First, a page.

about Kenya…

What is your favorite thing about living in Kenya?

Serving God by serving others and proclaiming the Good News about Jesus Christ.

What is the hardest part about living in Kenya?

Leaving our family and friends in America.

What is the average income for a Kenyan citizen?

It is really difficult to determine an “average” income for Kenyans. Those with professional degrees

working in Nairobi earn a much higher salary than most. Over 40% of Kenyans live below the poverty

line (less than $2 per day). Kenya is ranked 8 th in the world for most people living in extreme poverty and

our county of Bungoma is among the counties in Kenya with the highest percentages of people living in

extreme poverty.

How would you describe the landscape of Bungoma, Kenya?

Almost all of Bungoma county is farmland. The major crops being grown are corn (field corn, not sweet

corn), sugarcane, and beans. From Mercy Home, you can see Mt. Elgon, which sits along the border

between Kenya and Uganda.

What keeps Kenyans from knowing God?

There are several challenges that make it difficult for many Kenyans to know God. Political instability

and the growth of Islam and religious cults are certainly among them. But the biggest factors are

probably poverty along with illiteracy and especially Bible illiteracy. With such a large population living in

extreme poverty, the main focus tends to be on getting out of poverty, as opposed to knowledge of

truth. Therefore the so-called “prosperity gospel” is very prevalent as many like to hear that god wants

them to be rich and healthy. This is why we try to focus on a holistic ministry approach, combining the

preaching of the gospel, teaching Biblical truths, and meeting the very real personal needs of our

community. We try to not only proclaim God’s love, but also demonstrate it.

What’s something interesting about Kenyan culture?

There are about 42 tribes in Kenya, and each has its own language and culture which all mesh together

to make up the Kenyan people. Most Kenyans, especially the younger generations, speak their tribal

language (they call their “mother tongue”), Swahili, and learn English as their third language. Those who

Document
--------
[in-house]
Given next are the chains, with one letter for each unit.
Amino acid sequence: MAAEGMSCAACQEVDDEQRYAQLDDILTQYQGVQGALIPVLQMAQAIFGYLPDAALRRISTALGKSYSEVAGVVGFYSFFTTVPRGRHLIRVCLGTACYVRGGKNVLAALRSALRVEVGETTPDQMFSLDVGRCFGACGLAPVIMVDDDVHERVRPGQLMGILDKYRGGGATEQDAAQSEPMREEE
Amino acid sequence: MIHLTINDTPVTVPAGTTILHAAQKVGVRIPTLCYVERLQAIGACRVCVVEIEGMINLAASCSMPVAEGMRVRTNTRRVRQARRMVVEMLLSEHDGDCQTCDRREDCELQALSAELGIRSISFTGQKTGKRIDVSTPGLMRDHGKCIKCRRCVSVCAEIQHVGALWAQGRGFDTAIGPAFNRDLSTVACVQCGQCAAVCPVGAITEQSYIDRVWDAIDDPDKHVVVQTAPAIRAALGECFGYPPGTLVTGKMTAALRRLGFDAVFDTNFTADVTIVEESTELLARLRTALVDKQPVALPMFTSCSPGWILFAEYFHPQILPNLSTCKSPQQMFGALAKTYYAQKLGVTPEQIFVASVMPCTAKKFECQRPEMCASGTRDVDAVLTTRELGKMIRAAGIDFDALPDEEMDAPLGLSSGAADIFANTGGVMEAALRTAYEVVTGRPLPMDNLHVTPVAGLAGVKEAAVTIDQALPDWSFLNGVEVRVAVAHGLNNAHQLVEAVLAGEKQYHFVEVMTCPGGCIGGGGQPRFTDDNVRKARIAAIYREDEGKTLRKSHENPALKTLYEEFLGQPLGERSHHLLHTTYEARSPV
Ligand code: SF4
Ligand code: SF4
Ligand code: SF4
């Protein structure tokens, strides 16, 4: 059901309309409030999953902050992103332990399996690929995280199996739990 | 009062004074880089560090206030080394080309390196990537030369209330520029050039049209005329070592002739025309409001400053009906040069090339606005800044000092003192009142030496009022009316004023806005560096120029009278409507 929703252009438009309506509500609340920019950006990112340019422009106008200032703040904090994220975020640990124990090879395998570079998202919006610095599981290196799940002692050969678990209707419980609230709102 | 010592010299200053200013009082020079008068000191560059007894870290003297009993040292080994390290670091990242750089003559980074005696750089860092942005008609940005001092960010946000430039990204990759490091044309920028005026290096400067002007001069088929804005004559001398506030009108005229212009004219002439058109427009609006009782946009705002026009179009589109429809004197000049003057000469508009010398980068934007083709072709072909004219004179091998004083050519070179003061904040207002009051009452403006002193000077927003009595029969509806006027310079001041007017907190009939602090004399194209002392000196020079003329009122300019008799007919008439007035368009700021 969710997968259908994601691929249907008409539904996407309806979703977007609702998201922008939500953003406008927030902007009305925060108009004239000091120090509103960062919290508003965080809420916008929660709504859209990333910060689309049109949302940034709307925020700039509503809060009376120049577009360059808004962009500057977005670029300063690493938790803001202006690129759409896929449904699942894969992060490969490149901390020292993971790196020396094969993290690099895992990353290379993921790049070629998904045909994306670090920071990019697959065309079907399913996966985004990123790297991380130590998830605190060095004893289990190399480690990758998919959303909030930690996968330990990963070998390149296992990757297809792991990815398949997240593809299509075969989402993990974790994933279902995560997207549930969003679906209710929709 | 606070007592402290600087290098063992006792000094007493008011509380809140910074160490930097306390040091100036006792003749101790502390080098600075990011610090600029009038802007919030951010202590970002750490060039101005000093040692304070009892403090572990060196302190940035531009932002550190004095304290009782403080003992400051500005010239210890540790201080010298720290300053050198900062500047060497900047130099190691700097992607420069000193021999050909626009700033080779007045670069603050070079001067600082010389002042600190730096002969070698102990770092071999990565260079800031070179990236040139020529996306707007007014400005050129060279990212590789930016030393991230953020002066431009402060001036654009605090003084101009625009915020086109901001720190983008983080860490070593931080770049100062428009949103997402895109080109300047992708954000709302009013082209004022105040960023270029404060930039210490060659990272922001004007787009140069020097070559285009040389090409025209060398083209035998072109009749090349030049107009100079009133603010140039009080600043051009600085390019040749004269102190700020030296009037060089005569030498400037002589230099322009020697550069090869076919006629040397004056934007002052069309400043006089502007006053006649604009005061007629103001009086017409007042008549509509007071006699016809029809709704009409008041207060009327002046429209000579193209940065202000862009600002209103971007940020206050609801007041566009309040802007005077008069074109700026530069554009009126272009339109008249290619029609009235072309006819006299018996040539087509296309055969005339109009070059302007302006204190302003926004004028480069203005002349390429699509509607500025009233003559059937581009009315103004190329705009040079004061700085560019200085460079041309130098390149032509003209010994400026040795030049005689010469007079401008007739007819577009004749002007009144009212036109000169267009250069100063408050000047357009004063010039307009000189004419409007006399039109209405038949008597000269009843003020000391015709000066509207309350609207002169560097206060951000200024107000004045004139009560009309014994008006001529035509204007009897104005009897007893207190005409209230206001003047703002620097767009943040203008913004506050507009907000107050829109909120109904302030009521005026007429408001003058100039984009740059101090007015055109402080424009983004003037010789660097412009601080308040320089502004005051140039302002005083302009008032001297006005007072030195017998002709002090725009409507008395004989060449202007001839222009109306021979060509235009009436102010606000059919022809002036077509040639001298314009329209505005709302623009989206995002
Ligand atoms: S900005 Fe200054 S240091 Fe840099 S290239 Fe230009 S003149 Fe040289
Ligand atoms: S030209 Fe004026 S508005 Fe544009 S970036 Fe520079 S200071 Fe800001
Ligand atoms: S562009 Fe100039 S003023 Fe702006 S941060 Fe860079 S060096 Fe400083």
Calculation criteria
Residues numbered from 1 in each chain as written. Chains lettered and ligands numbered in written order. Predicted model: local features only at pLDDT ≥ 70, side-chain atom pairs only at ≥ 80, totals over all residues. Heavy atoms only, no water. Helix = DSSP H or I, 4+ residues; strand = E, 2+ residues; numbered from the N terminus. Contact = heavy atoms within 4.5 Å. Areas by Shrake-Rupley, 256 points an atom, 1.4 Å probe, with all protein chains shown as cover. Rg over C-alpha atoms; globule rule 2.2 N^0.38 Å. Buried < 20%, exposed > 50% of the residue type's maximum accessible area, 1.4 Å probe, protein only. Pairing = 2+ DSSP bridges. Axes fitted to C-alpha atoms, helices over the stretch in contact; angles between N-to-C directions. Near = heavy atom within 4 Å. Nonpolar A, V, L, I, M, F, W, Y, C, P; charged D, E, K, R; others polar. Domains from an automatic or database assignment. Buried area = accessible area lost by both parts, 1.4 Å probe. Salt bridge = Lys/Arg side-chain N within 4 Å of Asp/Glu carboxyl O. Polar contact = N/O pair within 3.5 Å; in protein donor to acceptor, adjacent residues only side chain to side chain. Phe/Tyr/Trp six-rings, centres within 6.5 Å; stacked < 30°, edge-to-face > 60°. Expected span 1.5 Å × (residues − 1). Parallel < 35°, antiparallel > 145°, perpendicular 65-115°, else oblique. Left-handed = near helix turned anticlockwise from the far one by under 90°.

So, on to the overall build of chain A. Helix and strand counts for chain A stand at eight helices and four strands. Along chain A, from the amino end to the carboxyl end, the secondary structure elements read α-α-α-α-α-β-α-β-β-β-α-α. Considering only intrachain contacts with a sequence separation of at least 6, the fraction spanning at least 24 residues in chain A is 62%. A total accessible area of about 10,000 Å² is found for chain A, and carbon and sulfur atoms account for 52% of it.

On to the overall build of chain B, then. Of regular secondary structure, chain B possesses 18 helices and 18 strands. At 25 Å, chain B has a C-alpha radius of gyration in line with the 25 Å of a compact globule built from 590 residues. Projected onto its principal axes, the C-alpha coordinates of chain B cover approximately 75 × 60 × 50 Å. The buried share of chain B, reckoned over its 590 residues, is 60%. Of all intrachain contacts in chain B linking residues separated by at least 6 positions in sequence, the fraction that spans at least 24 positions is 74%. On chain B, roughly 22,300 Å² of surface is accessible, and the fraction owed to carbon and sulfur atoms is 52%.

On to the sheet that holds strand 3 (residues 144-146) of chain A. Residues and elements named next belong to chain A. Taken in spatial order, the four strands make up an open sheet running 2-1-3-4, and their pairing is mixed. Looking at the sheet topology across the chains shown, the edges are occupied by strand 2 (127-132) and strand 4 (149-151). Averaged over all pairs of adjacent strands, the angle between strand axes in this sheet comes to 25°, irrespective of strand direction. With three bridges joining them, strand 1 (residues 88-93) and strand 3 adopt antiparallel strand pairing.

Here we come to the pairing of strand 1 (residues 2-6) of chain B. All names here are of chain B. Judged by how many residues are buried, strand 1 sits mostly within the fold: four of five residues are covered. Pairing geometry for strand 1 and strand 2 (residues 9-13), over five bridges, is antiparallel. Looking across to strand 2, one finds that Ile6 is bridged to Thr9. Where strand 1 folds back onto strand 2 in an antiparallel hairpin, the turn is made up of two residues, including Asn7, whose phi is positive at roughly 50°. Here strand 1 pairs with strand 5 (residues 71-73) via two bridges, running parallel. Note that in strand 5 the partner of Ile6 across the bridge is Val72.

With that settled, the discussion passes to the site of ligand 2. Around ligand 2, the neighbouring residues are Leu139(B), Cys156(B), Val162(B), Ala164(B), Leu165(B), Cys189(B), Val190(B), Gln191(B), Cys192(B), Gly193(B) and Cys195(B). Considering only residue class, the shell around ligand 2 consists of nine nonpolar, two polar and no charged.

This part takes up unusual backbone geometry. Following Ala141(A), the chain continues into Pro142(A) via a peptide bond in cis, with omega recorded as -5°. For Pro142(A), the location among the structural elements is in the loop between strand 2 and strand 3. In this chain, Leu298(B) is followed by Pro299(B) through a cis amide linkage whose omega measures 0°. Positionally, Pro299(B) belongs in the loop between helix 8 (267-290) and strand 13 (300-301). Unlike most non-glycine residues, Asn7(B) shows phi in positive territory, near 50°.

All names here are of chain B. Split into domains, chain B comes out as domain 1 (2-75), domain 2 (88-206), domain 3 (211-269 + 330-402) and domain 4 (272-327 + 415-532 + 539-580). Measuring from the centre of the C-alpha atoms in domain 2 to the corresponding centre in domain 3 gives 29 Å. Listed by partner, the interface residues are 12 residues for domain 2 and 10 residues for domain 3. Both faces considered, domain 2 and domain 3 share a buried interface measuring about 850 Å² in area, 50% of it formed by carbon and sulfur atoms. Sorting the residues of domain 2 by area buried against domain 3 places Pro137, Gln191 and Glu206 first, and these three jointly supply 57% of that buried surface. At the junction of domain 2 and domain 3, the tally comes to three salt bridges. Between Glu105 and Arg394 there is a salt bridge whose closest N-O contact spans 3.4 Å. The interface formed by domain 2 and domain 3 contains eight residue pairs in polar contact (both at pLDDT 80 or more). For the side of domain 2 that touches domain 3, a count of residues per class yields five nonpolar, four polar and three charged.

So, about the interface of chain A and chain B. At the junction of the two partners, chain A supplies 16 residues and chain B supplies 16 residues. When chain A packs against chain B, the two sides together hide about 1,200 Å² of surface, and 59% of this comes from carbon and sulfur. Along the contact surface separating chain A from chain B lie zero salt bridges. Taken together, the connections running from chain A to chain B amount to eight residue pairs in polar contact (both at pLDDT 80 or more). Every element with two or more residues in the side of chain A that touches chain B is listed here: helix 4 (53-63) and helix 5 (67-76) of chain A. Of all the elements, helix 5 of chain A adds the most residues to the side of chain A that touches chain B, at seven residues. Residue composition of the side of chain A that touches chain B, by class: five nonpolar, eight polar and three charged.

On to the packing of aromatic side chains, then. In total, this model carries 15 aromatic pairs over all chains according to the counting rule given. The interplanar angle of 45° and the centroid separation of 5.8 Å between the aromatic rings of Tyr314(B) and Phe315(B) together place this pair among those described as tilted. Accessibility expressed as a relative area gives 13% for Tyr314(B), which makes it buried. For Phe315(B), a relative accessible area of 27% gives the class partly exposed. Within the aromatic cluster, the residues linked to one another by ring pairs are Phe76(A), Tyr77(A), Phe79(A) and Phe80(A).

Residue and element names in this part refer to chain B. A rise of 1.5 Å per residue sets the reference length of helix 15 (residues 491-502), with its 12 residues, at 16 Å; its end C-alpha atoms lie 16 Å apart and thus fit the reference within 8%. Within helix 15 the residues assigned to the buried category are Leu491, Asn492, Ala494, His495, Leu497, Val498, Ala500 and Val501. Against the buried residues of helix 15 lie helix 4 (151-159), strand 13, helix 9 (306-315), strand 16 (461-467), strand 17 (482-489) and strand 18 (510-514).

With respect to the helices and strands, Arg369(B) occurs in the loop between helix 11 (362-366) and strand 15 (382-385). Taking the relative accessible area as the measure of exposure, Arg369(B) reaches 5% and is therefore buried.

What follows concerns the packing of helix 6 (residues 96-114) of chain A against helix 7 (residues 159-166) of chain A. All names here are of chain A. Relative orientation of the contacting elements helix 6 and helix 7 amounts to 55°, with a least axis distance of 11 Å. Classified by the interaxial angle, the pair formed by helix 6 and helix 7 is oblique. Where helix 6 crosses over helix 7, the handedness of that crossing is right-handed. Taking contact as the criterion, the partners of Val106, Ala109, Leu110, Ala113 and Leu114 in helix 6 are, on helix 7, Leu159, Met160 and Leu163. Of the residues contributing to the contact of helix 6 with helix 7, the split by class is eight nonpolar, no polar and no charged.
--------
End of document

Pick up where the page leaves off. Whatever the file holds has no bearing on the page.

complete high school are usually fluent in all three. The tribe we live among, the Luhya tribe, is

the second-largest tribe in Kenya. There are about 18 sub-tribes of the Luhya tribe, of which we live

among the Bukusu. Something peculiar about Bukusu culture is it is considered an abomination for

most in-laws to greet one another, or even be in the same room or ride together in a vehicle. For

instance, when our eldest son, Cory, came to visit with his wife Rachel, Jeff hugged Rachel at the airport,

which would have made our Bukusu friends VERY uncomfortable had they been there.

There are so many needs in Kenya. How do you decide which ones to meet? And how do you have

peace about the ones you can’t meet?

We pray a lot, that God would meet the needs according to His will. With the help of our social worker

and some of our staff, we have put procedures in place for identifying and prioritizing needs. As various

needs are brought to us, or as we meet various people with needs, especially children and widows, we

trust that God has connected us for a reason and try to determine the best way we can help. Knowing

how much monthly committed giving we have to work with also helps, but there have been several

times where we felt we had to help beyond our means and trust that God was leading us and would

provide. Up to this point, God has provided every time we have done that, usually beyond what we even